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LANDOVER, Md. — While kicking off the Ron Rivera era against the Philadelphia Eagles on Sunday at an empty FedEx Field, the Washington Football Team delivered a first-half performance befitting the organization’s calamity-filled offseason.
Trailing by double digits, the players retreated to the locker room. But their coach was not with them. Instead, Rivera — diagnosed with squamous cell carinoma earlier this offseason and still undergoing treatments — was receiving an IV to ensure that he could complete the second half.
Sensing the need for someone to fill the void, quarterback Dwayne Haskins stood up and delivered an impassioned speech.
“We’re home,” the second-year quarterback, who at that point had completed only seven passes, reminded his teammates. “We’re the home team. They’re the visitors. There’s no reason why we should be feeling like we should be little bro to them.”
After an uneven rookie campaign and an offseason spent trying to learn how to lead on and off the field, Haskins is very much still finding his way in this league. But as the words rolled off his lips, they struck a chord with Washington’s other players.
“We felt it,” cornerback Fabian Moreau said.
“He got everybody fired up,” Rivera said. “It was a pretty ruckus (speech) from what I understand.”
Haskins and his teammates returned to the field and together they orchestrated a 27-17 comeback victory, outscoring the Eagles 20-0 in the second half to earn their first win of the season. Washington’s defense — loaded with dynamic, yet youthful talent — overwhelmed the Eagles, registering a total of eight sacks and two interceptions on the day. The offense in the second half executed a deliberate yet patient game plan and found its rhythm. An aggressive, late-game, fourth-down call from Rivera that led to a touchdown rather than a field goal sealed the victory.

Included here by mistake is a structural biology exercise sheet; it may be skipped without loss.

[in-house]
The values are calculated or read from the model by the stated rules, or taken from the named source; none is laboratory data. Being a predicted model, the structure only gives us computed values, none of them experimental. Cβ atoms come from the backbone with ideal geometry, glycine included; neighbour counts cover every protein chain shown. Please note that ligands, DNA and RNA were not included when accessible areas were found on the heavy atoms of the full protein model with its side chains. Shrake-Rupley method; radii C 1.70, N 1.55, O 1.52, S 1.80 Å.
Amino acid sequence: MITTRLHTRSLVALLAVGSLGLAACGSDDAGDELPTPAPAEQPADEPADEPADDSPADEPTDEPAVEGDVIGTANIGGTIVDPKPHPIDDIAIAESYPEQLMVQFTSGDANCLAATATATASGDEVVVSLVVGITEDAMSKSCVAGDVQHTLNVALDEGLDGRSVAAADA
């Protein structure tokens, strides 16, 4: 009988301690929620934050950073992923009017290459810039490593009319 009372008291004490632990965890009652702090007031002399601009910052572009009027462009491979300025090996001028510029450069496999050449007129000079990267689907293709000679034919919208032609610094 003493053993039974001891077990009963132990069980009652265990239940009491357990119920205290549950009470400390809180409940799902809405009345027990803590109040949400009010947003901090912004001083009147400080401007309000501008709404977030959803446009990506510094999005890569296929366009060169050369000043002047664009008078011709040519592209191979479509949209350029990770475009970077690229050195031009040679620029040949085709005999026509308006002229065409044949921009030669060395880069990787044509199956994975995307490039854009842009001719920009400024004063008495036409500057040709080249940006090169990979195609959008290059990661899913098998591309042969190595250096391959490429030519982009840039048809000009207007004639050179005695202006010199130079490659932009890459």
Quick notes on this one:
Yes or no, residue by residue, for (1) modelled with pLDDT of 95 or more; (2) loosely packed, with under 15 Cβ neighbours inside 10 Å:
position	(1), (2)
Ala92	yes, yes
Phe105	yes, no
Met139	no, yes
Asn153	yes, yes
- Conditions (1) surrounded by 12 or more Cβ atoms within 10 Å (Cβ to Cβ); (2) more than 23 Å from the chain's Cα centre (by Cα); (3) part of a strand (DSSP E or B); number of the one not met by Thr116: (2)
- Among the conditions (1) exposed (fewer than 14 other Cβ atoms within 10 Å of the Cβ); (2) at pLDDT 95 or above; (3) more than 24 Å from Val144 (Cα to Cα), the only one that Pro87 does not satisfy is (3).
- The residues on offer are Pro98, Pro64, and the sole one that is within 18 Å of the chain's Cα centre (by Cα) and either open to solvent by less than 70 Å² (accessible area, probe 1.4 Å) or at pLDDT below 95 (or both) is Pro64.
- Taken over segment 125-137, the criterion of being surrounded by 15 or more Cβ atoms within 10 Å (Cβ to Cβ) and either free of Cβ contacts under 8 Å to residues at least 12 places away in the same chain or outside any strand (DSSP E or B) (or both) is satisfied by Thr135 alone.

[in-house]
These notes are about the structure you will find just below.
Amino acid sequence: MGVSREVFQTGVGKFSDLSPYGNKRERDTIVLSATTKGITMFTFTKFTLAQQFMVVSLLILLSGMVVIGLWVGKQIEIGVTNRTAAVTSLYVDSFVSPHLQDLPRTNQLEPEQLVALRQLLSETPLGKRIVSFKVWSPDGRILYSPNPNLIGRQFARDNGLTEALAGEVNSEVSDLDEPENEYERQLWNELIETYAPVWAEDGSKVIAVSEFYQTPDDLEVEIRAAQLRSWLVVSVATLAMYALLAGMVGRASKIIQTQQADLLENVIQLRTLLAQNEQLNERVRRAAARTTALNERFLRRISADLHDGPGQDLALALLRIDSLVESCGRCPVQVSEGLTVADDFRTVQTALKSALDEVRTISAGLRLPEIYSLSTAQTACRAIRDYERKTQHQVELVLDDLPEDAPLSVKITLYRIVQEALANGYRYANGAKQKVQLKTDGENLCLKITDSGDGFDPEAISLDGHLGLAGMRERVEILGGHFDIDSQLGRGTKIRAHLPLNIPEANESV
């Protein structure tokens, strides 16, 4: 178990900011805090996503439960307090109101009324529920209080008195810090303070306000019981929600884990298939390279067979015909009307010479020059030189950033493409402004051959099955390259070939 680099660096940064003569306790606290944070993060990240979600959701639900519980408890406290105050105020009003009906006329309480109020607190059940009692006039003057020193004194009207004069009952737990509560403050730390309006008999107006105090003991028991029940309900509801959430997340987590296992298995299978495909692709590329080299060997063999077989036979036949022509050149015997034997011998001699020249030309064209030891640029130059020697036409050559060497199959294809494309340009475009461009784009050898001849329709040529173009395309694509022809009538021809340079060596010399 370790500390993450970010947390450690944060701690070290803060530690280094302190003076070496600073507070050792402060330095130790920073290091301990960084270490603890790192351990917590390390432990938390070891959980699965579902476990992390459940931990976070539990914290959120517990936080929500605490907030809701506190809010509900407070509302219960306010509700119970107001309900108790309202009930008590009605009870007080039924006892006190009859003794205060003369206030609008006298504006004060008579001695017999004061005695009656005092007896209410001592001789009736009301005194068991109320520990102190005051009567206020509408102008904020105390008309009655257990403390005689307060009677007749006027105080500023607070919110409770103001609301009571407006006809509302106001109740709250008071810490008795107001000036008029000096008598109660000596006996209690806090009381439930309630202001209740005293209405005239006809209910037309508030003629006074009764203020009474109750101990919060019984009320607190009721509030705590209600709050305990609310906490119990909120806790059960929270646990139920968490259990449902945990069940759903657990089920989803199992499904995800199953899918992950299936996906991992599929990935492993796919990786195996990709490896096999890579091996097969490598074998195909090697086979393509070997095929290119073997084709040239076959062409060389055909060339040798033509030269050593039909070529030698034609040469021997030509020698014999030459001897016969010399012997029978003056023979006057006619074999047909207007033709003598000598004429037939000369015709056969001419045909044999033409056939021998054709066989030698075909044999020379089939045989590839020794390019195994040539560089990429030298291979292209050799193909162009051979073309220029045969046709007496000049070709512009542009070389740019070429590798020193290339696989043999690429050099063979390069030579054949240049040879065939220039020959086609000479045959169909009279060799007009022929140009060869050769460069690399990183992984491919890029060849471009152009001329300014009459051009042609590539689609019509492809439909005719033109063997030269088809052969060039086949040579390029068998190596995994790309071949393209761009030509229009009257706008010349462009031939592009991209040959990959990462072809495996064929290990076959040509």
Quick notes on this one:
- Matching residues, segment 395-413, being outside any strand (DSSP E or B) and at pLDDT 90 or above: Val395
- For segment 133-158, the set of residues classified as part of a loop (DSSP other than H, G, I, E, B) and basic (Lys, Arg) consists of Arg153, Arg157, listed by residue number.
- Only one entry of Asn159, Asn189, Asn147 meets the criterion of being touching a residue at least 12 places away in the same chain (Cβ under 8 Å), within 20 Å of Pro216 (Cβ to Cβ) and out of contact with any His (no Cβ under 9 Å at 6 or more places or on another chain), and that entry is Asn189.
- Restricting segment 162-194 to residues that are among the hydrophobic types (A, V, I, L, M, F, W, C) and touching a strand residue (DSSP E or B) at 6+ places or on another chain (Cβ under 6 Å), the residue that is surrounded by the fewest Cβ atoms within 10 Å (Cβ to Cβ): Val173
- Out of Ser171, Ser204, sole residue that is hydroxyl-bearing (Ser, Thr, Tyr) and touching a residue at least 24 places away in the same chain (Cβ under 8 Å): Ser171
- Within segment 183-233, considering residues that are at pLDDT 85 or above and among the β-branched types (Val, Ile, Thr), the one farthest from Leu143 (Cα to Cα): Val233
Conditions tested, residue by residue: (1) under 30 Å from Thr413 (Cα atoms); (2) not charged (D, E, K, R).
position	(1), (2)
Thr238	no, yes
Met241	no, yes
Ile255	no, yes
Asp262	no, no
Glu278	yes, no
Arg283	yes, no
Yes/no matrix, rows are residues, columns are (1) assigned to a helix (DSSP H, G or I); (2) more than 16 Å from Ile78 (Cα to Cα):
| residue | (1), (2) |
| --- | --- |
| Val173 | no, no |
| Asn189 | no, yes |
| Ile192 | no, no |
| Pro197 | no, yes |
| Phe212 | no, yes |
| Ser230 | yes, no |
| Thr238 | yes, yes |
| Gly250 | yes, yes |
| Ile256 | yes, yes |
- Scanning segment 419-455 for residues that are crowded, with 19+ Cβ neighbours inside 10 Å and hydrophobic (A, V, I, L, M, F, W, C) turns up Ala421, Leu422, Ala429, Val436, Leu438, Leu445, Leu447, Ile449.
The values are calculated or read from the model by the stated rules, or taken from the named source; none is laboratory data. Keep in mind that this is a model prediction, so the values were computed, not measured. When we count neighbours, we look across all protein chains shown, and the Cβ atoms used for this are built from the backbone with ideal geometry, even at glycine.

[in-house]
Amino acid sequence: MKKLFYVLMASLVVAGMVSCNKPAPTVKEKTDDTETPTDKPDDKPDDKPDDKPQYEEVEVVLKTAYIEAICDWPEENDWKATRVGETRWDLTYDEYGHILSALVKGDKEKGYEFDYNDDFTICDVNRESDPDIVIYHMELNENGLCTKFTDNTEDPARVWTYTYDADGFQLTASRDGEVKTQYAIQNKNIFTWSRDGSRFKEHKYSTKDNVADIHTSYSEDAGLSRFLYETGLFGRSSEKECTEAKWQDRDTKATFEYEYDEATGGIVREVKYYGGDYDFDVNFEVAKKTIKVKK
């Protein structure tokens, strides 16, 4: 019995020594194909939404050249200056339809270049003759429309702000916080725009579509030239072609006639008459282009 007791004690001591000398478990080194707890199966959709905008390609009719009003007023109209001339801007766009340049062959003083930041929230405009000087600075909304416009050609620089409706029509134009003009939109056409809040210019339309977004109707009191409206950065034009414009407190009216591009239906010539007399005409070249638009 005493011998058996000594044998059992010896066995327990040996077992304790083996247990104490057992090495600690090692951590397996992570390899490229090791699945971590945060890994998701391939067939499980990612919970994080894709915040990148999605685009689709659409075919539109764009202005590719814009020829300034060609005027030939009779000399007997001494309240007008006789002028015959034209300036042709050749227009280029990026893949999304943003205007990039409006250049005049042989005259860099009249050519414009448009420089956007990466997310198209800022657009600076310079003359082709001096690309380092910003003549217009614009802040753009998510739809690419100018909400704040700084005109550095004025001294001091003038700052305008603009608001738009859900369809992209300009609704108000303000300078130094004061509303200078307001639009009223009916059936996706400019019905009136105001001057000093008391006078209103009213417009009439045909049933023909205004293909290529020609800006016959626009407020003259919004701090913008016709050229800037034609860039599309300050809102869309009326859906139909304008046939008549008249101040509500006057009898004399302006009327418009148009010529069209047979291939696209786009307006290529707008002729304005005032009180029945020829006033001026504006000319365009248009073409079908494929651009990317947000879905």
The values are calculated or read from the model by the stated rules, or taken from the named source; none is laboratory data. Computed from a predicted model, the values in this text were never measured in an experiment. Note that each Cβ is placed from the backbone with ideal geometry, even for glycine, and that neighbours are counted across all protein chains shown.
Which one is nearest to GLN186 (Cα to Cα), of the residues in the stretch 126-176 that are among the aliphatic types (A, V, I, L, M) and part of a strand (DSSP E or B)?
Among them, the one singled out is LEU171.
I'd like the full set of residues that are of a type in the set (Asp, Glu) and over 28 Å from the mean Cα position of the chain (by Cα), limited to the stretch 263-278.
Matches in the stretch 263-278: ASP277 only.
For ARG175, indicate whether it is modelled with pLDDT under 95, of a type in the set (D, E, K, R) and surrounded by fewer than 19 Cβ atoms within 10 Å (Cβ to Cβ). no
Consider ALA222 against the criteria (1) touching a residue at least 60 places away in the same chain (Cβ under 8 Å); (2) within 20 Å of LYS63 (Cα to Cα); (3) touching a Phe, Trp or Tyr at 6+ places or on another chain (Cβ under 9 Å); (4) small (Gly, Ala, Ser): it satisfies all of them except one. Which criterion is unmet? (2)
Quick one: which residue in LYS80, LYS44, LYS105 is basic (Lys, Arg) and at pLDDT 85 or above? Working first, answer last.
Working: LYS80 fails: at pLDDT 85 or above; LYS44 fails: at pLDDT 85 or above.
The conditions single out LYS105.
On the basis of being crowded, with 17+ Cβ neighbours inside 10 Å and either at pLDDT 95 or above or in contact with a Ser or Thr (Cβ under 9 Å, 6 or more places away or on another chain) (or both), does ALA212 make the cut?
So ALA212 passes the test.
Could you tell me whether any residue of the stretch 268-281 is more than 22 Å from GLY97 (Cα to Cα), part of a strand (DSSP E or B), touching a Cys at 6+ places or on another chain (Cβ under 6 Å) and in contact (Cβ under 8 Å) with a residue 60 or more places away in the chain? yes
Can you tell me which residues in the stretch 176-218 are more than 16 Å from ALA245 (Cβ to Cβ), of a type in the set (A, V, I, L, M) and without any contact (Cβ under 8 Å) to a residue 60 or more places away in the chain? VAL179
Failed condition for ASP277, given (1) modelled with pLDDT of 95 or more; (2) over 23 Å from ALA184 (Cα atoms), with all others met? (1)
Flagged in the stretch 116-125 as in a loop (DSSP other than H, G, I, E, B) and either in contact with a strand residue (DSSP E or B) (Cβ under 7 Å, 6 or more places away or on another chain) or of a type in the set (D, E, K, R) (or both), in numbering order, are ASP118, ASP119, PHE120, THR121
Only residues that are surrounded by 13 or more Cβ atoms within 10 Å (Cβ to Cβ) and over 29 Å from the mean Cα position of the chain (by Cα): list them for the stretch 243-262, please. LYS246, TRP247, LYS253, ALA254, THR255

As the first half showed, Washington’s young squad remains in the throes of a rebuild. However, after an offseason shaped by the sexual harassment and misconduct allegations against owner Daniel Snyder and other former team officials, coronavirus restrictions and uncertainty, and their own coach’s health scare, Sunday’s victory provided a much-needed reprieve for Washington’s coaches and players.
“It’s been a tough offseason. It has,” Rivera acknowledged after the game. “But I just love the resilience of these young men. They’re a bunch of guys who work hard at it. We didn’t have a lot to gauge who they are or what we can become, but I really am proud of them.
“What we did was we set the tempo and we showed we can play with the best team in the NFC East and that’s the Philadelphia Eagles,” Rivera continued. “They’re a well-coached team and we know that, but our guys bowed their necks when they had to, they kept fighting and it showed what these guys are capable of.”
Washington’s second-half performance offered a blueprint for success in the next 15 games.
This team may not be ready for prime time. But it has the capability to compete.
The defense won’t always have the fortune of facing an opponent with an offensive line as injury-riddled as Philadelphia’s. But even if the unit doesn’t rack sacks as easily as it did on Sunday, its aggressive and deep pass rush should help keep Washington in games.